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Doctors concerned as case numbers rise, hospital availability becomes more limited

The seven-day average for new cases hit record highs in 20 states across the country.

MINNEAPOLIS — Eighteen states reported record numbers of COVID-19 patients so sick they needed to go to the hospital Thursday.

The seven-day average for new cases hit record highs in 20 states across the country.

In Minnesota - our infection growth is nearly doubling the testing growth - and we set the worst kind of record - with 216 of our in hospital COVID-19 patients needing ICU care.

“I think what we are seeing in the Twin Cities is the system is near a breaking point and we need to have control enough to have capacity to care for people who are very sick,” said Dr. Scott Colson.

Dr. Colson is in family medicine, and while that is not what folks think of as urgent care, he and the doctors and health care workers in his practices are feeling that sense of urgency, too.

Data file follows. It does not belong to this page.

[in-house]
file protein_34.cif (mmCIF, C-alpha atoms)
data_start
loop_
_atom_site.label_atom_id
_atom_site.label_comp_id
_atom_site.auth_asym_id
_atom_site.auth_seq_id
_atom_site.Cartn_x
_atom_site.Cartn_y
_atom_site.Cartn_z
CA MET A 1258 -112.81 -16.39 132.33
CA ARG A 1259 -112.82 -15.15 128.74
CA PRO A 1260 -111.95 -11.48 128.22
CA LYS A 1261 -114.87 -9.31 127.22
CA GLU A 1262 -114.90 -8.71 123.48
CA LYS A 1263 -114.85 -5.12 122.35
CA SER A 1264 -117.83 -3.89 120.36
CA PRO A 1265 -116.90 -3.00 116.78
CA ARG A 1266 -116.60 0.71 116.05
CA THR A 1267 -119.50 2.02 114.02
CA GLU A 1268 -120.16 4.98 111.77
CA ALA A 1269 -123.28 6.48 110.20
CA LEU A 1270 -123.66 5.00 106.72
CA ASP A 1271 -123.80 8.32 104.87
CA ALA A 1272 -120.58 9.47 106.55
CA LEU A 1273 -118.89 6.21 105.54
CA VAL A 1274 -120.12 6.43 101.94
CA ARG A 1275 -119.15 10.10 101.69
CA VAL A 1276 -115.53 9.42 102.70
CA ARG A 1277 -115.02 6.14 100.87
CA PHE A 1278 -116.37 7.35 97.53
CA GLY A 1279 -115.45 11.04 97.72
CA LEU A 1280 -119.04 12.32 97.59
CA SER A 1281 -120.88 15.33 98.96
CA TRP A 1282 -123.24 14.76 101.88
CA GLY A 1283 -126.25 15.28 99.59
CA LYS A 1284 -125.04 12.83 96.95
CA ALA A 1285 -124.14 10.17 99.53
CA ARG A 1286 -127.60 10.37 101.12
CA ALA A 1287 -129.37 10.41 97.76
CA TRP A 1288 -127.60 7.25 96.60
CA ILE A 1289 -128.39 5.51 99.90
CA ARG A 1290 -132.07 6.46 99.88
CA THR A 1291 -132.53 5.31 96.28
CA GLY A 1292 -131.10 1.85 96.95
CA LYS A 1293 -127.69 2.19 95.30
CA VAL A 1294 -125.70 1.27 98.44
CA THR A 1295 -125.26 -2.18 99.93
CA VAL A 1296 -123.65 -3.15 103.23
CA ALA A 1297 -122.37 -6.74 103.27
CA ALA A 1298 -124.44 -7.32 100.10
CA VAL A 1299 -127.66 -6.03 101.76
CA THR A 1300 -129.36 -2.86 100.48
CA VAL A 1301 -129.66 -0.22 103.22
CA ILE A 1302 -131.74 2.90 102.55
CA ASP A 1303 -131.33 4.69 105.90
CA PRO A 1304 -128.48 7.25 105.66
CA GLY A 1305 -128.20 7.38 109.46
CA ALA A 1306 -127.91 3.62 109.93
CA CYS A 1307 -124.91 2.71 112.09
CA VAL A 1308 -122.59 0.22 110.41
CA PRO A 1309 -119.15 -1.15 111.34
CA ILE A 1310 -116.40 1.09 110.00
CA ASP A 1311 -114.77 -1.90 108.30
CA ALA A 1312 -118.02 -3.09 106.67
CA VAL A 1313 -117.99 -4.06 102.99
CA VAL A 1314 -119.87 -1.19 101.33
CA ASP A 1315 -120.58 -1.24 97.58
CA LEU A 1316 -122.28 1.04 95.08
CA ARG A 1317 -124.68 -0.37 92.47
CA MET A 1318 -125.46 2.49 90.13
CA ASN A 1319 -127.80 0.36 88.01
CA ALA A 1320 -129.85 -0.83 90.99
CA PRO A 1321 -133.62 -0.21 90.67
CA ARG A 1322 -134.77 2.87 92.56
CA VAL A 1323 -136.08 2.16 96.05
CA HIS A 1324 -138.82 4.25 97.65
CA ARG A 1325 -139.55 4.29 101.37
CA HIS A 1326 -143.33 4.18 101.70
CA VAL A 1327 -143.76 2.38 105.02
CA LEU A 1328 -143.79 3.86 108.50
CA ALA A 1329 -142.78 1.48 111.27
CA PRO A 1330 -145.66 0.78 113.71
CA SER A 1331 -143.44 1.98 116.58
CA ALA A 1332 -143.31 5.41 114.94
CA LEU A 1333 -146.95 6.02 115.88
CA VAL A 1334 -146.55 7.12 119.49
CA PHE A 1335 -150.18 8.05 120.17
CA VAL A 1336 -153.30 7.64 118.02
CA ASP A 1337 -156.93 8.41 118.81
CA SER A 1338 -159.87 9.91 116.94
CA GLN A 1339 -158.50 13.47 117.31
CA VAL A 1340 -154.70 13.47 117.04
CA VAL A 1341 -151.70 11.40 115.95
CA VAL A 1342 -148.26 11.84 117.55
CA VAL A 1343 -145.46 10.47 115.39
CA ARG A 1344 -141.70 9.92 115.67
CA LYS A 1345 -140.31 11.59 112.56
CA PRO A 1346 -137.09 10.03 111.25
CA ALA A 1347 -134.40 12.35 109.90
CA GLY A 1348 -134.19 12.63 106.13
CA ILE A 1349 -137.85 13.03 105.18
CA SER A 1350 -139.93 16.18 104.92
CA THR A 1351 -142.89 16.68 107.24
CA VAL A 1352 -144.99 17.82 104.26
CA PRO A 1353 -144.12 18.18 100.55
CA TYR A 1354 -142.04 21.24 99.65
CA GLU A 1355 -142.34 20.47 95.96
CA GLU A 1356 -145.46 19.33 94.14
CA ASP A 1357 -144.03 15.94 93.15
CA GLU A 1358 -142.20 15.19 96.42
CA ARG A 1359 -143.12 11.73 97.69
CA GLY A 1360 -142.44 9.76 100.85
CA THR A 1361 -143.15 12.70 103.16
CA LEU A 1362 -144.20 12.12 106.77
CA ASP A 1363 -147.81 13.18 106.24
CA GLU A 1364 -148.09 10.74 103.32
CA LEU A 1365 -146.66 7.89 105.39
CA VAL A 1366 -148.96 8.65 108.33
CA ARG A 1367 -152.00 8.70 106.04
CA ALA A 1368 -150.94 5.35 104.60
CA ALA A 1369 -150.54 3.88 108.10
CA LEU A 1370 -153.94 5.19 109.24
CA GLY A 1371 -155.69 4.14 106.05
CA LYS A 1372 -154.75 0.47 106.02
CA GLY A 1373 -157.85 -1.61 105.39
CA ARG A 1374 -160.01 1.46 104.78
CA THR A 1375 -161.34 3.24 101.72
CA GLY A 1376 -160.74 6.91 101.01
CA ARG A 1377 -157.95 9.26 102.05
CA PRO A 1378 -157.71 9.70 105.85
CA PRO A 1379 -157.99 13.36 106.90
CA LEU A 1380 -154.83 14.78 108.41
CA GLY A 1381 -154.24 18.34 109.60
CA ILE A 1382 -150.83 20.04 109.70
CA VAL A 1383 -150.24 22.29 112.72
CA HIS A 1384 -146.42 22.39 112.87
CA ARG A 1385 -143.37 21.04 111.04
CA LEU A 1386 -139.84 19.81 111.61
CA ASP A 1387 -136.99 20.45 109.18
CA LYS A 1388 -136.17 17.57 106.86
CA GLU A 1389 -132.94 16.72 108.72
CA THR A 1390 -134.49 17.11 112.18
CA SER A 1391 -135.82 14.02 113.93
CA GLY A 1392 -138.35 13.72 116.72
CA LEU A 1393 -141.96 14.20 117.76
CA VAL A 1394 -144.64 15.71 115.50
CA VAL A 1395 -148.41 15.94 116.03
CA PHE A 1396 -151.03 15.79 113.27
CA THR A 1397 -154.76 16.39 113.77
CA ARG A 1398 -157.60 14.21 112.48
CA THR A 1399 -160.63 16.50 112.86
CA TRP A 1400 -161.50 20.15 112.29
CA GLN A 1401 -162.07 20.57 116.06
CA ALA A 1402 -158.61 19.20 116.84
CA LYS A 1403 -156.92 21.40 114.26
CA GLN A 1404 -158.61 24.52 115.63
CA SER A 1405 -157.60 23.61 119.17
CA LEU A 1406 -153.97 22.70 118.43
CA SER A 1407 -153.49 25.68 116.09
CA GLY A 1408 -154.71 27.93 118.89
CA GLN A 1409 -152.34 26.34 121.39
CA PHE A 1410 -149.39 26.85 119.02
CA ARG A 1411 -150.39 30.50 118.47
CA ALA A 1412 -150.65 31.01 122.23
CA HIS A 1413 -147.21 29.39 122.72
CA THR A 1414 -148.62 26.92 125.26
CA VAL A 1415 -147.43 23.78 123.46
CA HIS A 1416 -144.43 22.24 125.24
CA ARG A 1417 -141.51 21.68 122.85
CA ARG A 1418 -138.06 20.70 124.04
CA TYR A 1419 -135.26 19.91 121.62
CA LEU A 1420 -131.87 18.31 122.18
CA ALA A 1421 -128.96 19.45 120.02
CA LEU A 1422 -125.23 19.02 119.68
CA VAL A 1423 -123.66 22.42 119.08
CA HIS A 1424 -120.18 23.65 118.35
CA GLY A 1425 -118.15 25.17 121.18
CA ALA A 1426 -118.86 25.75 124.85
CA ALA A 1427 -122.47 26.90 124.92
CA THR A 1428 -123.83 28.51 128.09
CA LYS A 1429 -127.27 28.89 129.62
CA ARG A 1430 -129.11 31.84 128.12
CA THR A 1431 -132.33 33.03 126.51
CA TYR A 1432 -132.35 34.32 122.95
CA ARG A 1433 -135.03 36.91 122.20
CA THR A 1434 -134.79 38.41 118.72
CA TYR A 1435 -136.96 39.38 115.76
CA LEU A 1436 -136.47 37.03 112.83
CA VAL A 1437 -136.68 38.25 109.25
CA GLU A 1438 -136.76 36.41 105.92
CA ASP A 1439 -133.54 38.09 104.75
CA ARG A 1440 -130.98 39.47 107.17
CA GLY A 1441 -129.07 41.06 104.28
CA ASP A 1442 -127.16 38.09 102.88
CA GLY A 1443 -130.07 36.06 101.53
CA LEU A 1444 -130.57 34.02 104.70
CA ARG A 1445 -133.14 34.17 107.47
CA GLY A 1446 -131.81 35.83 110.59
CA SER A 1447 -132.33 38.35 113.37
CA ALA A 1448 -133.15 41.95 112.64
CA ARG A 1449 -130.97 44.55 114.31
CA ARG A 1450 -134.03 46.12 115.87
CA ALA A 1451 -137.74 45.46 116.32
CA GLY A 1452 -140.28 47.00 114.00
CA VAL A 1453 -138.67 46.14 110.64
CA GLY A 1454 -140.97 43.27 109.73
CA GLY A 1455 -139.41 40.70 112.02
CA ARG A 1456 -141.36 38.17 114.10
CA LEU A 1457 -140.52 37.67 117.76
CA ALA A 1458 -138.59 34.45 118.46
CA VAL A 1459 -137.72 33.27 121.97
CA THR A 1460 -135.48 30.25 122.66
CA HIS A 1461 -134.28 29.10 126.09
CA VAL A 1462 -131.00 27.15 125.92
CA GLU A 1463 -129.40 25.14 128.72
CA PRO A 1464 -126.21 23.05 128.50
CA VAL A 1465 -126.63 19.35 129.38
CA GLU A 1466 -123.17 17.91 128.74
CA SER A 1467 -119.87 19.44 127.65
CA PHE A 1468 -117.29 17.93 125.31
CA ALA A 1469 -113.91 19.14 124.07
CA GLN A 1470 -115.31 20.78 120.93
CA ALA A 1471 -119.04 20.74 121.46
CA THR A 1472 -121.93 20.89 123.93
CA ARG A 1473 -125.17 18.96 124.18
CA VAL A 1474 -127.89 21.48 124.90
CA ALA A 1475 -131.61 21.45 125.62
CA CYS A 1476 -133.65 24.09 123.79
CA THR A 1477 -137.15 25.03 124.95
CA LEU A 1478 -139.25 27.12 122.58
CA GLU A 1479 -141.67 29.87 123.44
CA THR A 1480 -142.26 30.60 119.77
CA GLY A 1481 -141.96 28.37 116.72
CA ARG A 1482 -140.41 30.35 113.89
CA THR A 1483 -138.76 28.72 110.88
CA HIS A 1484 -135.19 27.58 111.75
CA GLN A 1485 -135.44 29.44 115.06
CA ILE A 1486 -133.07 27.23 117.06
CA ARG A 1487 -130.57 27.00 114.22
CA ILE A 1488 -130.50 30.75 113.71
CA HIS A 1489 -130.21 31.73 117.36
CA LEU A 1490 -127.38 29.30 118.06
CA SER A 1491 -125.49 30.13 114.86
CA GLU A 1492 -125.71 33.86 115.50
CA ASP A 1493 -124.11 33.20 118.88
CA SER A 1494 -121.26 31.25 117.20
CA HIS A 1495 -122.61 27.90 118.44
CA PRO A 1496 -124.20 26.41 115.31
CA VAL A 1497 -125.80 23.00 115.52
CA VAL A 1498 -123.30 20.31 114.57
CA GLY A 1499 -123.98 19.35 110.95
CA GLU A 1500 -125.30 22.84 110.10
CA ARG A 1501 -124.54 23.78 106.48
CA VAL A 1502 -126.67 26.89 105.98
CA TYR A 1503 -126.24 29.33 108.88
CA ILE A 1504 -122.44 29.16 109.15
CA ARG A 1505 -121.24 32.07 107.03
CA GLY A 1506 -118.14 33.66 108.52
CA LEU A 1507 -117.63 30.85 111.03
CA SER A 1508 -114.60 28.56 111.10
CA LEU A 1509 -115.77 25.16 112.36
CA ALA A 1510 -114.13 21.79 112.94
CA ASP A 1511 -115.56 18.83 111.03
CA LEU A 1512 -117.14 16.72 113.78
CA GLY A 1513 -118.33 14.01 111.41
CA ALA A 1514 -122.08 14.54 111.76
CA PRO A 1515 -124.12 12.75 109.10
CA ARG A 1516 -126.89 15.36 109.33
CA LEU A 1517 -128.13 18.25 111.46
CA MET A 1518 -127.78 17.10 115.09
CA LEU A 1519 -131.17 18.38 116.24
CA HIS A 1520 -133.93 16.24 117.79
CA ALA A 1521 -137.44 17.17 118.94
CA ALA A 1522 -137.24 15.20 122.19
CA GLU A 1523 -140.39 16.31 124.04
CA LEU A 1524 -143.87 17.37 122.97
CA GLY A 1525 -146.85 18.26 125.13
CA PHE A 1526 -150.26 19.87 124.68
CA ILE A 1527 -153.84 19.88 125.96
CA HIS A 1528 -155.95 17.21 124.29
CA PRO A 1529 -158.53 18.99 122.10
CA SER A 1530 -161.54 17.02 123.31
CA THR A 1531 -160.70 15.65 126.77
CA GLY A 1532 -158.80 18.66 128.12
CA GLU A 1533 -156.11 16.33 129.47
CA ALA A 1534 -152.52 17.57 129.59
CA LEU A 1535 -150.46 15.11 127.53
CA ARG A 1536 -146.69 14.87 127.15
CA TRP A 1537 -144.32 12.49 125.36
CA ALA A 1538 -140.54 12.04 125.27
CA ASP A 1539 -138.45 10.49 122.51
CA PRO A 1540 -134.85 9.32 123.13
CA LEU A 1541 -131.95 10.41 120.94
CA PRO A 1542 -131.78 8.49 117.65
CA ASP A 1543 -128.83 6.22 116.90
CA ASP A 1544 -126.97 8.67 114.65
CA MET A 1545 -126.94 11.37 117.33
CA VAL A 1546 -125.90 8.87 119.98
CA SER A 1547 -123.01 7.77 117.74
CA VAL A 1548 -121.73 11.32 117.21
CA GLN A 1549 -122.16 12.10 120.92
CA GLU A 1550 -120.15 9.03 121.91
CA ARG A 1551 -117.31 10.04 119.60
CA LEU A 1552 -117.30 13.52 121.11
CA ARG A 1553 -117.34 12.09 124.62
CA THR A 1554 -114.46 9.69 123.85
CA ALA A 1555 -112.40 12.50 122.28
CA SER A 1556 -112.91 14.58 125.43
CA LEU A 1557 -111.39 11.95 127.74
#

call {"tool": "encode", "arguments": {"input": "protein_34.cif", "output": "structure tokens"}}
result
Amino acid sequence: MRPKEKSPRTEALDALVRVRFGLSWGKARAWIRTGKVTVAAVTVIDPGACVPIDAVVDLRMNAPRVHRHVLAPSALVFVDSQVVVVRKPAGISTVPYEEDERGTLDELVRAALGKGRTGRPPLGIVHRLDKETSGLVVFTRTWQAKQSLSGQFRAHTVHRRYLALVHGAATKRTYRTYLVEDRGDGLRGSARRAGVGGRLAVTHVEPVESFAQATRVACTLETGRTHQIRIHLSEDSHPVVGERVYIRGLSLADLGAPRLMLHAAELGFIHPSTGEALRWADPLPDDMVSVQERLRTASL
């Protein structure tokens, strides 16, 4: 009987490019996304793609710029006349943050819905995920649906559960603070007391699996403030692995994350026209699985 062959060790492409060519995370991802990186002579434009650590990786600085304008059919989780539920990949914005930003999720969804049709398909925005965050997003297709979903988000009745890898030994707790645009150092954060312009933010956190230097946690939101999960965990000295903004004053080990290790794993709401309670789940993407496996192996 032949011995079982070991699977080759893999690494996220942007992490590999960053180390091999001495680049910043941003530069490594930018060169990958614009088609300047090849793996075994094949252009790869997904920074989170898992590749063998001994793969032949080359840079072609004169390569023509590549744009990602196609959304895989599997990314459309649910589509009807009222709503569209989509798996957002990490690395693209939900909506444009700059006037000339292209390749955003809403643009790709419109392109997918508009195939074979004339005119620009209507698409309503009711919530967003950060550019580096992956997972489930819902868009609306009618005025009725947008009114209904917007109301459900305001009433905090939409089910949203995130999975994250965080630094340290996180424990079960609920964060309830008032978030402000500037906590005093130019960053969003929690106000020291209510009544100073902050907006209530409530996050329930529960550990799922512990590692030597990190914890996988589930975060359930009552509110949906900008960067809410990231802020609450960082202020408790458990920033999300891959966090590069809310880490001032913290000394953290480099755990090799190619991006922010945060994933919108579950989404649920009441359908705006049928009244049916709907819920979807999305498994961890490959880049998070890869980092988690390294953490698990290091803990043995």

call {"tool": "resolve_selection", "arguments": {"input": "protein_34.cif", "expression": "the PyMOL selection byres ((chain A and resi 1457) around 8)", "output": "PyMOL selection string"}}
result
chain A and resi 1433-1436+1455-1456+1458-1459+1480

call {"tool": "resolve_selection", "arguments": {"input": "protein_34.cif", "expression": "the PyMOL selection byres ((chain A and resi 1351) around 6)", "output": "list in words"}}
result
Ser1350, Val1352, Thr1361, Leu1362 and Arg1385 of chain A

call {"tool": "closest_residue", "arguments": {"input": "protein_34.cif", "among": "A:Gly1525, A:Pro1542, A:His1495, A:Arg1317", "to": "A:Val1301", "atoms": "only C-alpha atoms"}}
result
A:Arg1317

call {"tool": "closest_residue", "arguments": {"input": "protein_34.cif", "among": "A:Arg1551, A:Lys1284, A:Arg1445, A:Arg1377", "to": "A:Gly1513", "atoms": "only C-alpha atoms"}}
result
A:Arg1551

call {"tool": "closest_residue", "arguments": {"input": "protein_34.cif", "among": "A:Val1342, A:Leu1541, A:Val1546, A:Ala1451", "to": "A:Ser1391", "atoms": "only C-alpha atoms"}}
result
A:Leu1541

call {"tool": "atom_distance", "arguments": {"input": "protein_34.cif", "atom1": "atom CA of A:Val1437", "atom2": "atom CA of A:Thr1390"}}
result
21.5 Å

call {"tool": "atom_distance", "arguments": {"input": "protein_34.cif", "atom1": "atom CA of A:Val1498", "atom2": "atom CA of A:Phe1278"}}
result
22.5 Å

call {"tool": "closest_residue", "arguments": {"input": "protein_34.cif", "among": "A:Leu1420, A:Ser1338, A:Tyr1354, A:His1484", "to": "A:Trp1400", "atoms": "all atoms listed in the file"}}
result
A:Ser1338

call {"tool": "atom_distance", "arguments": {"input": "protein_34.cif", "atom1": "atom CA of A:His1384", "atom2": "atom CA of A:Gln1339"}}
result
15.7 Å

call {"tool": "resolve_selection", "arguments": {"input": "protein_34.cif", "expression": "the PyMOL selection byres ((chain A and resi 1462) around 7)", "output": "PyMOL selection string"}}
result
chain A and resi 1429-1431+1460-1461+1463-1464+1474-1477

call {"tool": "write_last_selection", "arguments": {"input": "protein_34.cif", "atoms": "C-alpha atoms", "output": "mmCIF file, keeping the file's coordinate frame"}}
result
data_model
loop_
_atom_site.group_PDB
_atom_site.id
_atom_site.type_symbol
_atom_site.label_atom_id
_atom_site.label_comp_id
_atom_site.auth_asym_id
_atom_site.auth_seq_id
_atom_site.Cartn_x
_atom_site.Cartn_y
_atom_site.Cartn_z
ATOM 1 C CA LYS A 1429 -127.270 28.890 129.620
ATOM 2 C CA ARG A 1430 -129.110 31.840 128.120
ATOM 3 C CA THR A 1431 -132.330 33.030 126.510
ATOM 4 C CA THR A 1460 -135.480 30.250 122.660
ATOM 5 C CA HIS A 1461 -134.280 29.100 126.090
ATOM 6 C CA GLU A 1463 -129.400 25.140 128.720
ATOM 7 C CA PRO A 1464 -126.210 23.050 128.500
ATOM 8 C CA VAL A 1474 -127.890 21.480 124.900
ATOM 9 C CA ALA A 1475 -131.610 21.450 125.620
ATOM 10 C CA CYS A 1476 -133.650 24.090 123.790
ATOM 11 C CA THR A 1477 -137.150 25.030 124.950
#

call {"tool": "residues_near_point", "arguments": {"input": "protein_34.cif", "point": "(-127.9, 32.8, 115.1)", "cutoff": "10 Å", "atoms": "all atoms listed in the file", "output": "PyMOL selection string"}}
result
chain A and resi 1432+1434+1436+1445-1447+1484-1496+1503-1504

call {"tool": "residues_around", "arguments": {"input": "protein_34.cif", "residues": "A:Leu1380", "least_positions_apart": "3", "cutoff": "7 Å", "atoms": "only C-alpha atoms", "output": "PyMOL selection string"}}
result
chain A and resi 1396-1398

"I saw a patient recently I have known a long time, and this patient needed to be hospitalized," Dr. Colson said. "But when I first called, no beds at the hospital I was trying to admit to - no beds in Twin Cities."

He made more calls and got that admit in time through an emergency room, but that call, combined with the testing rate at his clinic, is signaling, something.

"For symptomatic patients, our personal clinic rate is between 15-20% of tests are positive," Dr. Colson said.

What's that mean in layman's terms?

"When we started, we would test maybe 5-7% of the people we see, were positive," Dr. Colson said. "Now, that is 15-20%."

And it's not just happening in Minnesota.

"The difference now is that there are multiple parts of the country that are reaching numbers like this, and there are only a finite numbers of doctors and nurses out there," Dr. Colson said. 

Nobody in Minnesota, or any state, wants to find itself in the place New York City was in back in the spring, when doctors and nurses had to be called in nationwide to fight a relentless surge.

The difference now is that it felt like back in the spring, the nation was more wary of COVID-19. Now, much of the nation is just weary.

"I'm very worried," Dr. Colson said. "I don't consider myself an alarmist. I'm a realist. I see the numbers climbing. I see my patients who come in who have been anti-mask, who have thought much of this as a hoax and then they get sick, and sick for a period of time. Months later, they come tell me, 'Please tell my story because people need to understand how real this is."

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